This is joint work by Dave Marker and the speaker.

Moshe Kamensky
Hebrew University of Jerusalem
Moshe Kamensky is a postdoc in model theory at the Mathematics department of The Hebrew University in Jerusalem, Israel, working with Ehud Hrushovski.
Kolchin seminar in Differential AlgebraFriday, February 21, 201410:15 amGC 5382

Moshe Kamensky

Picard-Vessiot structures

Hebrew University of Jerusalem
Model theory seminarFriday, March 7, 201412:30 pmGC 6417

Russell Miller

Turing degree spectra of differentially closed fields

City University of New York

The spectrum Spec(M) of a countable structure M is the set of all Turing degrees of structures isomorphic to M. This topic has been the focus of much research. Here we describe the spectra of countable differentially closed fields of characteristic 0: they are precisely the preimages { d : d’ ∈ Spec(G) } of spectra of arbitrary countable graphs G, under the jump operation. To establish this, we describe the proofs of two theorems: one showing how to build the appropriate differential field K from a given graph G, and the other showing that every low model of the theory DCF0 is isomorphic to a computable one. The latter theorem (which relativizes, to give the main result above) resembles the famous result of Downey and Jockusch on Boolean algebras, but the proof is different, yielding a Δ2 isomorphism between the low model and its computable copy; moreover, our first theorem shows that the extension of the result to the low4 case for Boolean algebras does not hold for DCF0.

This is joint work by Dave Marker and the speaker. The slides for this talk are available here.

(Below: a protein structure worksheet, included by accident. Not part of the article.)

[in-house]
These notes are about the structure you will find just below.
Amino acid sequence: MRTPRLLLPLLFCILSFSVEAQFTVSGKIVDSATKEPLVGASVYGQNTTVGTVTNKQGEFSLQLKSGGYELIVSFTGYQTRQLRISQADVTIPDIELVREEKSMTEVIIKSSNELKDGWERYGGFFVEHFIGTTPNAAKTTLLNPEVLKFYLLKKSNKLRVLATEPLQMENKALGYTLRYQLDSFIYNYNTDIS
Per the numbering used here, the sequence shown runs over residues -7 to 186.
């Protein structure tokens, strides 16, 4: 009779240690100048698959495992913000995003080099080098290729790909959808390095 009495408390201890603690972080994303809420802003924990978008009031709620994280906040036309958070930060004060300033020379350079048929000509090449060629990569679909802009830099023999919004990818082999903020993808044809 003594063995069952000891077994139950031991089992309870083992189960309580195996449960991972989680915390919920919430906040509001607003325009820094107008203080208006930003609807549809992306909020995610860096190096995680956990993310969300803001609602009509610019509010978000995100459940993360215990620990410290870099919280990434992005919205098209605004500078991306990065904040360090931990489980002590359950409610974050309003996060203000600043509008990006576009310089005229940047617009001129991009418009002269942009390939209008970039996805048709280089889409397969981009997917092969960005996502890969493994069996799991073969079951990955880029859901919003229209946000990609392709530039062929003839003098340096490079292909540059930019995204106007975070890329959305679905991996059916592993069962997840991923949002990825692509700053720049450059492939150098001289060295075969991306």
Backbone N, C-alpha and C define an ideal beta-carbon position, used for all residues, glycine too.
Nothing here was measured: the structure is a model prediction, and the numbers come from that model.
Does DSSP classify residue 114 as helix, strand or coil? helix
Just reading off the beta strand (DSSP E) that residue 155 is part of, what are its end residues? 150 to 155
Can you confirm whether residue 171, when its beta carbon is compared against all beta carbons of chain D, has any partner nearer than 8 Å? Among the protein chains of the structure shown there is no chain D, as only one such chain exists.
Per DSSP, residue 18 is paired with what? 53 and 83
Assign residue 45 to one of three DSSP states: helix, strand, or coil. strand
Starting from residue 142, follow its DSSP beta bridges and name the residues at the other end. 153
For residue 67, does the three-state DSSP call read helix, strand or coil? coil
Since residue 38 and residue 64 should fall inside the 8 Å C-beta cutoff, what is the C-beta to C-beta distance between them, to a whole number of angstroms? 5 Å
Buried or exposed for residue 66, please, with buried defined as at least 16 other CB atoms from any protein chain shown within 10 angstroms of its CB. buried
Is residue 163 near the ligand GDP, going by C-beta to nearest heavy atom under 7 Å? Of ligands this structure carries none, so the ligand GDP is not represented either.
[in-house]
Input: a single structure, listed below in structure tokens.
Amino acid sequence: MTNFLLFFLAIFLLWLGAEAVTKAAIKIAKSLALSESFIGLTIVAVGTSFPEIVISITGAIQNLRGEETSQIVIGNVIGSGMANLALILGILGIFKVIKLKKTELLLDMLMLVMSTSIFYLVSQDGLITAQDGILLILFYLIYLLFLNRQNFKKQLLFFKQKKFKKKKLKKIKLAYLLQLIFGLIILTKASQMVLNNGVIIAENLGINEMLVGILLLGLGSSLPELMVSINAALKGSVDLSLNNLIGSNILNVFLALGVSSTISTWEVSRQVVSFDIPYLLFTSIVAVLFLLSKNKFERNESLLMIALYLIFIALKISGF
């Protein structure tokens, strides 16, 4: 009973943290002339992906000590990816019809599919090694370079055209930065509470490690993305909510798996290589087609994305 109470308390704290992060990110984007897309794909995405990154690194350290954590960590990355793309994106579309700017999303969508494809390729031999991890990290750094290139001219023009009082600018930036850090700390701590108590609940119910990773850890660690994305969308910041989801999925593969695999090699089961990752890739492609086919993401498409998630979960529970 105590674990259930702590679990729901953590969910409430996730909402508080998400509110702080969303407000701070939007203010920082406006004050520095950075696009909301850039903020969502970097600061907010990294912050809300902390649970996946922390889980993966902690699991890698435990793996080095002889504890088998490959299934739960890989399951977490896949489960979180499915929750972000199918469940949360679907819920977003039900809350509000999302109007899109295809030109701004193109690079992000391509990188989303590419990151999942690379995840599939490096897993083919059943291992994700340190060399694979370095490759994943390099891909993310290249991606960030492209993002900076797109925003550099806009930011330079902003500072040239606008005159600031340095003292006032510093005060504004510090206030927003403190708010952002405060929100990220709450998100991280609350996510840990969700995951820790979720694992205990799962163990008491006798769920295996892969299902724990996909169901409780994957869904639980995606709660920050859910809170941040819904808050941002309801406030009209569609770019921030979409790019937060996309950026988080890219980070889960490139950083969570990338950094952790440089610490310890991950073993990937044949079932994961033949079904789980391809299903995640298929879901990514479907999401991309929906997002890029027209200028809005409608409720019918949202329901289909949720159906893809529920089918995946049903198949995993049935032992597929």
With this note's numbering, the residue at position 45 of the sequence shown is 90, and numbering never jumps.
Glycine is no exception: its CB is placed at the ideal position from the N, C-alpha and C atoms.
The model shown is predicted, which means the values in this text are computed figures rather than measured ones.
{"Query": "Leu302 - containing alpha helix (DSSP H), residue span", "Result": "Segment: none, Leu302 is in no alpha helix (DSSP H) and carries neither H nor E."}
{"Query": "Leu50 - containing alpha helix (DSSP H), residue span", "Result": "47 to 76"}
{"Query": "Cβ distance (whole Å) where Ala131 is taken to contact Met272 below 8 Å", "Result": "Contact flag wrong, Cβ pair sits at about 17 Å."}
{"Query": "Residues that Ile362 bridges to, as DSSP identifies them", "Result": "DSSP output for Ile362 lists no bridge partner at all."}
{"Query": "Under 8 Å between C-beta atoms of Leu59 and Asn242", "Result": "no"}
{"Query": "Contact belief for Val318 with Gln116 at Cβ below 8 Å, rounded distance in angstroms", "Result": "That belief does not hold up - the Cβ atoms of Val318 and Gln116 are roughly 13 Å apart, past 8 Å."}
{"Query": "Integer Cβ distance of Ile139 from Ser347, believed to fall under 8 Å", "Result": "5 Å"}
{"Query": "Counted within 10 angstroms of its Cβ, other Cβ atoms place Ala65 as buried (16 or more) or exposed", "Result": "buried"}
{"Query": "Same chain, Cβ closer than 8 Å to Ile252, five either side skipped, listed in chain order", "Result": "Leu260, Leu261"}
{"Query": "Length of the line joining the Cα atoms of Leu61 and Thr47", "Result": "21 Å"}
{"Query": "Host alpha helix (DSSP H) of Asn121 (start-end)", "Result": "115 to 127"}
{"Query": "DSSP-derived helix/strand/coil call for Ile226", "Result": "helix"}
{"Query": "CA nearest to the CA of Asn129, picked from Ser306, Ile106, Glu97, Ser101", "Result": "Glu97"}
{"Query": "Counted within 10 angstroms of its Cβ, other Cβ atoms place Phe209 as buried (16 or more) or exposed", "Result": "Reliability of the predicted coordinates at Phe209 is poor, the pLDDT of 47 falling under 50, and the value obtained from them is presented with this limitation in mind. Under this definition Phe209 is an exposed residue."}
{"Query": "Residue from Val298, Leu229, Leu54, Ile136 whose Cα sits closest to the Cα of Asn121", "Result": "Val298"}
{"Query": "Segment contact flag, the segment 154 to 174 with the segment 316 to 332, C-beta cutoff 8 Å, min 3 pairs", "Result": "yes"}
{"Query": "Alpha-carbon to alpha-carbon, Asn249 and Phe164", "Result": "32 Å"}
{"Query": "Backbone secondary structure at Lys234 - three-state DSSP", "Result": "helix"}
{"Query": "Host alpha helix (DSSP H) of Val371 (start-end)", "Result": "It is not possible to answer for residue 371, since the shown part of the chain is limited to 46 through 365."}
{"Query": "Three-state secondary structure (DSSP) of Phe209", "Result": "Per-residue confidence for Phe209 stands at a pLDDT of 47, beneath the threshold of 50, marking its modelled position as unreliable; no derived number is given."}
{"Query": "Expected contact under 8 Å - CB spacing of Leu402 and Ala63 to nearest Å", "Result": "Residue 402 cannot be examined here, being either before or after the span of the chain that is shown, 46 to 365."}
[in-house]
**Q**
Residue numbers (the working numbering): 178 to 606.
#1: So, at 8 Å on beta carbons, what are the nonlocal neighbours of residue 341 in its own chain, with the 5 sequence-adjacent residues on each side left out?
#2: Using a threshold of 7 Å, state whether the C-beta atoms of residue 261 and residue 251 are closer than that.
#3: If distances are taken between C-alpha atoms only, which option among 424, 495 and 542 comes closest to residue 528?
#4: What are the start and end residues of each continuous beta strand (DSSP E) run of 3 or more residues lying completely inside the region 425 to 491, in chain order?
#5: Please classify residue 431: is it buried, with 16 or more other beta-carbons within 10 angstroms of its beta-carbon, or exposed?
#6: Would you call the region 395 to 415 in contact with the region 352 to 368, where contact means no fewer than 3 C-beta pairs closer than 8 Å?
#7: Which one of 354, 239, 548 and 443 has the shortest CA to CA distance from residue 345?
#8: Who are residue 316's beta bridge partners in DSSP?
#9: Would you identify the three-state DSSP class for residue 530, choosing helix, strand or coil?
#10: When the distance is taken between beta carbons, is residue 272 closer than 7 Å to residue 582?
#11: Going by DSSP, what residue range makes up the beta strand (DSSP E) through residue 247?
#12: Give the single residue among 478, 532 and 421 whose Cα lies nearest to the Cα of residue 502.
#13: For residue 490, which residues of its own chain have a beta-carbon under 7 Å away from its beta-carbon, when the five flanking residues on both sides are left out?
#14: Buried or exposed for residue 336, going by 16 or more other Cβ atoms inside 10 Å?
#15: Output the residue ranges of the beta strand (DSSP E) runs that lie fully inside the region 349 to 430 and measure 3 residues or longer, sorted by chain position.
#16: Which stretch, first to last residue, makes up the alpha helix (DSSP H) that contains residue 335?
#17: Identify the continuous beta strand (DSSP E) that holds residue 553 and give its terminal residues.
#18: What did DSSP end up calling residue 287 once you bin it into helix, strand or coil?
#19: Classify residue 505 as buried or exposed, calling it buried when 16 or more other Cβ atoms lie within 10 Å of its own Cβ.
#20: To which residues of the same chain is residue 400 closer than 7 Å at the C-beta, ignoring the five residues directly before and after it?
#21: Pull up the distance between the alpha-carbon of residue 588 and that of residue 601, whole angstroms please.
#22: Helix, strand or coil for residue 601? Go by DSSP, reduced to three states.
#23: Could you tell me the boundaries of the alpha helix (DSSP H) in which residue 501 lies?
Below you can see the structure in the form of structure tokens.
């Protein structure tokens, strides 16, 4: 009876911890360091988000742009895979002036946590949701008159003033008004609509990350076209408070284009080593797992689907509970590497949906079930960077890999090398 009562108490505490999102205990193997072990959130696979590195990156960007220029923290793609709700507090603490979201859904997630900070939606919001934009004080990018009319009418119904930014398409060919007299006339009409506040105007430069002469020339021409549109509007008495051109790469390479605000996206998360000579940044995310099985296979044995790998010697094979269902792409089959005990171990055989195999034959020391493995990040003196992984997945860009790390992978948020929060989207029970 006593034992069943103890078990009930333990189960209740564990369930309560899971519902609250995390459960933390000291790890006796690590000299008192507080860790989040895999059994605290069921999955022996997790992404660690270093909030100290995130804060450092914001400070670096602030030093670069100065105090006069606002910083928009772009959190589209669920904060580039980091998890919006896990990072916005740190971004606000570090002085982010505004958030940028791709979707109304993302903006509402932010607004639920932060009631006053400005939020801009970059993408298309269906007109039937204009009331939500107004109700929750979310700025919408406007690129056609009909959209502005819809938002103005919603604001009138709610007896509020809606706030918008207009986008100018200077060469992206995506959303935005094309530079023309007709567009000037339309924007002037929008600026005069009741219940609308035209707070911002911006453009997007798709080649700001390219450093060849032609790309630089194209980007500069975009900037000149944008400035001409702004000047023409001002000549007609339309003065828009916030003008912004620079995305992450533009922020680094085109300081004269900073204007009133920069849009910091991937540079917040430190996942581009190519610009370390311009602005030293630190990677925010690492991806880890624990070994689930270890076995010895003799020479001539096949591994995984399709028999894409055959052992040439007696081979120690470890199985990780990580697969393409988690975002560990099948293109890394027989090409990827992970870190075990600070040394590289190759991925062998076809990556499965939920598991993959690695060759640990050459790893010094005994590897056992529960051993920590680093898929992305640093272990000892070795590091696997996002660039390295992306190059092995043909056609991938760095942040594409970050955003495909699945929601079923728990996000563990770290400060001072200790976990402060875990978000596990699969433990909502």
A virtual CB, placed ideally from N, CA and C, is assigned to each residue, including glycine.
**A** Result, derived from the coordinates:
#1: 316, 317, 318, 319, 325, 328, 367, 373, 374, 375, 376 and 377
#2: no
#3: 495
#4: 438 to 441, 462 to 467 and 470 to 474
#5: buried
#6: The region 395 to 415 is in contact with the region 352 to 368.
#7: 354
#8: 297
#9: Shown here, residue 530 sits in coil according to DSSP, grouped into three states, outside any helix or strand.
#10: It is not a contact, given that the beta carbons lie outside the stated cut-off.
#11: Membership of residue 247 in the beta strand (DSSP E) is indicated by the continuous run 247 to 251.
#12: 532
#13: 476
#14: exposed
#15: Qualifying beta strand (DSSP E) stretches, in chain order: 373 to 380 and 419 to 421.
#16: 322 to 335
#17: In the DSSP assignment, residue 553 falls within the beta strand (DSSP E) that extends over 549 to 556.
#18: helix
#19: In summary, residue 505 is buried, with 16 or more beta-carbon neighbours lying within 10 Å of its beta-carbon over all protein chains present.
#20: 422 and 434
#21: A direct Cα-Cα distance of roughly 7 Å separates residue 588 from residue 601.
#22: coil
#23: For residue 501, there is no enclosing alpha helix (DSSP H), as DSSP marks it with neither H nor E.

Kolchin seminar in Differential AlgebraFriday, November 15, 201310:15 amGC 5382

David Marker

Logarithmic-Exponential Series

University of Illinois at Chicago

I will survey some old work of van den Dries, Macintyre and myself. We construct an algebraic nonstandard model of the theory of the real exponential field. There is a natural derivation on the LE-series which is compatible with the exponential and the archimedean valuation.

Model theory seminarFriday, October 25, 201312:30 pm

Alf Dolich

LE-Series

The City University of New York

In this expository talk I will discuss the construction of the field of LE-series after van den Dries, Macintyre, and Marker. The field of LE-series is an ordered differential field extending the field of real Laurent series which also has a well-behaved exponential function. The field of LE-series is closed under a host of operations, in particular it is closed under formal integration as well as compositional inverse (once composition has been properly interpreted). As such this field may be viewed, at least conjecturally, as providing a universal domain for ordered differential algebra as witnessed in Hardy fields.